The pandemic also forced us to deal with the reality that students come to school from widely divergent backgrounds, and that many lack the resources to keep up with their socioeconomically advantaged peers. In my own district, our appreciation of this reality made us realize that the spring learning packets were inadequate. Coupled with wider efforts to bridge the digital divide with free Internet service, we began offering more online options, and a hybrid digital/in-school model, featuring both online synchronous (i.e., live) and asynchronous (recorded) options.
But while this offered a definite improvement over the cobbled together, stop-gap packets used in the spring, it also led to further questions surrounding academic integrity. How can teachers ensure the integrity of a test taken in the home—a question that’s especially important to ask, for equity’s sake, when the students who choose to take their tests in person are still bound by normal test-taking enforcement protocols? How do students resist the urge to get answers from Google or Siri, or copy-and-paste third-party material when there’s no teacher in sight?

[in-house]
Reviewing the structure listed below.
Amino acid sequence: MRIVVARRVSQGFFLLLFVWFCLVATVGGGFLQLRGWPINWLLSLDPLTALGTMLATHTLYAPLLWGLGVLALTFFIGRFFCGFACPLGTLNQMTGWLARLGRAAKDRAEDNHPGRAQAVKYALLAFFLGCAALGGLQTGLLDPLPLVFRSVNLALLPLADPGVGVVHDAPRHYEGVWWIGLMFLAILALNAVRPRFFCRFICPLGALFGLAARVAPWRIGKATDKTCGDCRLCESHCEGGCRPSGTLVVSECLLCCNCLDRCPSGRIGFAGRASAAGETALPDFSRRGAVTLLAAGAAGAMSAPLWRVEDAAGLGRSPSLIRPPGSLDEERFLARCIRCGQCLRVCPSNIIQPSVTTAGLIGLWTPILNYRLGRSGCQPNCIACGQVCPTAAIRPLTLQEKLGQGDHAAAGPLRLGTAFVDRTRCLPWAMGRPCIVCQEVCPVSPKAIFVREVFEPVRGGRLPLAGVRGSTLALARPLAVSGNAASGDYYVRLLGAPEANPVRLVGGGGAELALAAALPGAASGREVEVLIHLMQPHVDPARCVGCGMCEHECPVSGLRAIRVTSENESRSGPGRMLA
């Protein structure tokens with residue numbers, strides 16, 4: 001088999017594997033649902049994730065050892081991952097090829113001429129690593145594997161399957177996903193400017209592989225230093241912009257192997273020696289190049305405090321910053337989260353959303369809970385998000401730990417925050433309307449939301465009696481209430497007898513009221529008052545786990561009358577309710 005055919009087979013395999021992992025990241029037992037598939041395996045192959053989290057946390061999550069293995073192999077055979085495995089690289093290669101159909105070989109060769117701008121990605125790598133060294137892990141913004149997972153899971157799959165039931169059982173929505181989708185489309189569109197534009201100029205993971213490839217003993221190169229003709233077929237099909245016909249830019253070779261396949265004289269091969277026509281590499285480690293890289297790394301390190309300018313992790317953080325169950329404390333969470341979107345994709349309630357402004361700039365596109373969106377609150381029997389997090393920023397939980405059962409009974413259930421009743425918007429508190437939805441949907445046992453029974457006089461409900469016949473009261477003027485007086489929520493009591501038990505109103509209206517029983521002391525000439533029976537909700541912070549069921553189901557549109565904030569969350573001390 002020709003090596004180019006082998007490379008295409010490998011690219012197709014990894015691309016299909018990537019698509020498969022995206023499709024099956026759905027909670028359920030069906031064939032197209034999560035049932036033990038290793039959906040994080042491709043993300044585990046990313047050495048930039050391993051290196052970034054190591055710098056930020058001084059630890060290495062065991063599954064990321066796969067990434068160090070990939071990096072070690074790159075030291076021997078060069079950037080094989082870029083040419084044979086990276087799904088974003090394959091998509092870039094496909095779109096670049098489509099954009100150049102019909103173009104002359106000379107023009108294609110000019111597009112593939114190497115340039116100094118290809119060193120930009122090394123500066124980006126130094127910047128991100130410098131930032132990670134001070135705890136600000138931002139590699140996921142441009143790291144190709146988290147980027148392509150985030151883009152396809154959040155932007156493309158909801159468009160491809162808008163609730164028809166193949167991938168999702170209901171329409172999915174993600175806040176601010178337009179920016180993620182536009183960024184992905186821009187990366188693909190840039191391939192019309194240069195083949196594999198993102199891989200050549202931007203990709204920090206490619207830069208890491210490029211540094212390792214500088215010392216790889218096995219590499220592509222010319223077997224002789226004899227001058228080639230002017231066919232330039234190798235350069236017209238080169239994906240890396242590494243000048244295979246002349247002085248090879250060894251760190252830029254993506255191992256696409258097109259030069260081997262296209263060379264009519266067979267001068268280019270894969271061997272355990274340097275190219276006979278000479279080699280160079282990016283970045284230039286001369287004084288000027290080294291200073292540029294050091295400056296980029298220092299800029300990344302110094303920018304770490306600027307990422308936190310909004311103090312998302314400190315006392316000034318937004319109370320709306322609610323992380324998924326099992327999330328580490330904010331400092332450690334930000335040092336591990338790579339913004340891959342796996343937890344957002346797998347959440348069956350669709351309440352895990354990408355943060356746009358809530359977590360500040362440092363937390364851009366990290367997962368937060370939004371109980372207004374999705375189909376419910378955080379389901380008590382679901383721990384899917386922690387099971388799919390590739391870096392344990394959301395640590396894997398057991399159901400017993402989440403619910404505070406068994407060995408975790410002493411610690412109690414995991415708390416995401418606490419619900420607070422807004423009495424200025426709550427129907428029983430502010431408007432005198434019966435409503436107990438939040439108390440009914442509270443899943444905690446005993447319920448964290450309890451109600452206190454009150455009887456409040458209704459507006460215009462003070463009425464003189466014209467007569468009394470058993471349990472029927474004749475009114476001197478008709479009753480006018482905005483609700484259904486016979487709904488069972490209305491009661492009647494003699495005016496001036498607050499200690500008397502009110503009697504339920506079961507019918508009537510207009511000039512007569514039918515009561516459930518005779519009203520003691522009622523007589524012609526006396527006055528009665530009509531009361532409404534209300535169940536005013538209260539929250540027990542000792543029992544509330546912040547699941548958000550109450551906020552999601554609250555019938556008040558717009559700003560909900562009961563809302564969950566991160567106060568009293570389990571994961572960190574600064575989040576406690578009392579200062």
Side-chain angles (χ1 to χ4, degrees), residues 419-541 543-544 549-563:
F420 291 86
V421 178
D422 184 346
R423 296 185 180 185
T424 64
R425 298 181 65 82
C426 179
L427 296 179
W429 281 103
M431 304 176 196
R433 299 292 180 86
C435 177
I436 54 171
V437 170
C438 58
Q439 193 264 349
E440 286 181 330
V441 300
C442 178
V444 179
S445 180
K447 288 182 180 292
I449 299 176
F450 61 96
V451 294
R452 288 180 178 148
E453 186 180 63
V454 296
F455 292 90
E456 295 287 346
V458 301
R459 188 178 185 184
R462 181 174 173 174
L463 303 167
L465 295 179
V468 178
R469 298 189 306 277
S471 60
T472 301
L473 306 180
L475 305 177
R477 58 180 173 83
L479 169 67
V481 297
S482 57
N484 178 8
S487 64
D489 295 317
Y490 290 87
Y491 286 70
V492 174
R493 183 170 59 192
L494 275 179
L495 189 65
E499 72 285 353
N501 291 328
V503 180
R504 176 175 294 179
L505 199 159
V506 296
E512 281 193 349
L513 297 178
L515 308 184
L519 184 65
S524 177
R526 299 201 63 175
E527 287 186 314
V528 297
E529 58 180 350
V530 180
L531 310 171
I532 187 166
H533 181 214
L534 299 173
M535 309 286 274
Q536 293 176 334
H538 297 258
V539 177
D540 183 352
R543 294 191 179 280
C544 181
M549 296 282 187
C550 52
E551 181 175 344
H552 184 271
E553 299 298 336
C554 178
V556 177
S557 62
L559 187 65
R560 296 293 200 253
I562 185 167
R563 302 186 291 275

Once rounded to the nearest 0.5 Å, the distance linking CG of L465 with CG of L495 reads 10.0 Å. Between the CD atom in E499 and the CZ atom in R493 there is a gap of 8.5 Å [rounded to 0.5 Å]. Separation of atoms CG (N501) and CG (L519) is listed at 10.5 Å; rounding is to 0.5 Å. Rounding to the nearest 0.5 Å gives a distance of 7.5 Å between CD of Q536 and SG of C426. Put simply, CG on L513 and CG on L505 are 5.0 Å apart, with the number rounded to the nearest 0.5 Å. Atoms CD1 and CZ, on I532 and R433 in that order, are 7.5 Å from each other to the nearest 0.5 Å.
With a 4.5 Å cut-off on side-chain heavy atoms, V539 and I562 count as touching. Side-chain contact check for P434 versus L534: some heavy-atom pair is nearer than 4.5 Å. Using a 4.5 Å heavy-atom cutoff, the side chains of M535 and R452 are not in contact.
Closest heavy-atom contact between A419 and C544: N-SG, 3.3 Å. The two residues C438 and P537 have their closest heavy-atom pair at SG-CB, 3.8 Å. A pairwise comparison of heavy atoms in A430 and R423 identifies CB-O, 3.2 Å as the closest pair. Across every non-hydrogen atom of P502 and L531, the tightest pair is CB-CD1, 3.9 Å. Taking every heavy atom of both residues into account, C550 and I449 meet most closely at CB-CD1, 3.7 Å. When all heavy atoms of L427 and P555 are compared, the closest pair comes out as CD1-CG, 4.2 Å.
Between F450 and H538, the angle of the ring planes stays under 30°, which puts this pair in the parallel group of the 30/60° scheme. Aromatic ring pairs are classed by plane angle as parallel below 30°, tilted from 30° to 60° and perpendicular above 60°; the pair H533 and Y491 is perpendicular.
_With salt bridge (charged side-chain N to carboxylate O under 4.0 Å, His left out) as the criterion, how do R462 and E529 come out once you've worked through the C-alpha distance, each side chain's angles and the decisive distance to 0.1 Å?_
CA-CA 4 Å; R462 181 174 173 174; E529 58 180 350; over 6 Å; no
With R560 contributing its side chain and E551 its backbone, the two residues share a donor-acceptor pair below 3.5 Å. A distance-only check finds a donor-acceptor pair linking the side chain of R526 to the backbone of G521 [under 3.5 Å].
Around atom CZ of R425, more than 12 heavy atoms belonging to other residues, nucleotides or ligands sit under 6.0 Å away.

These are not new problems for schools: cheating has been on the rise for years. But until last year, teachers at least could try to manage the problem through in-person test supervision. But now even that is impossible in many cases. As a trio of academic authors explains in a newly published journal article on college-level testing, “given constant access to Internet-connected devices, some traditional cheating behaviors have become easier, giving rise to new styles of cheating that have not previously existed.”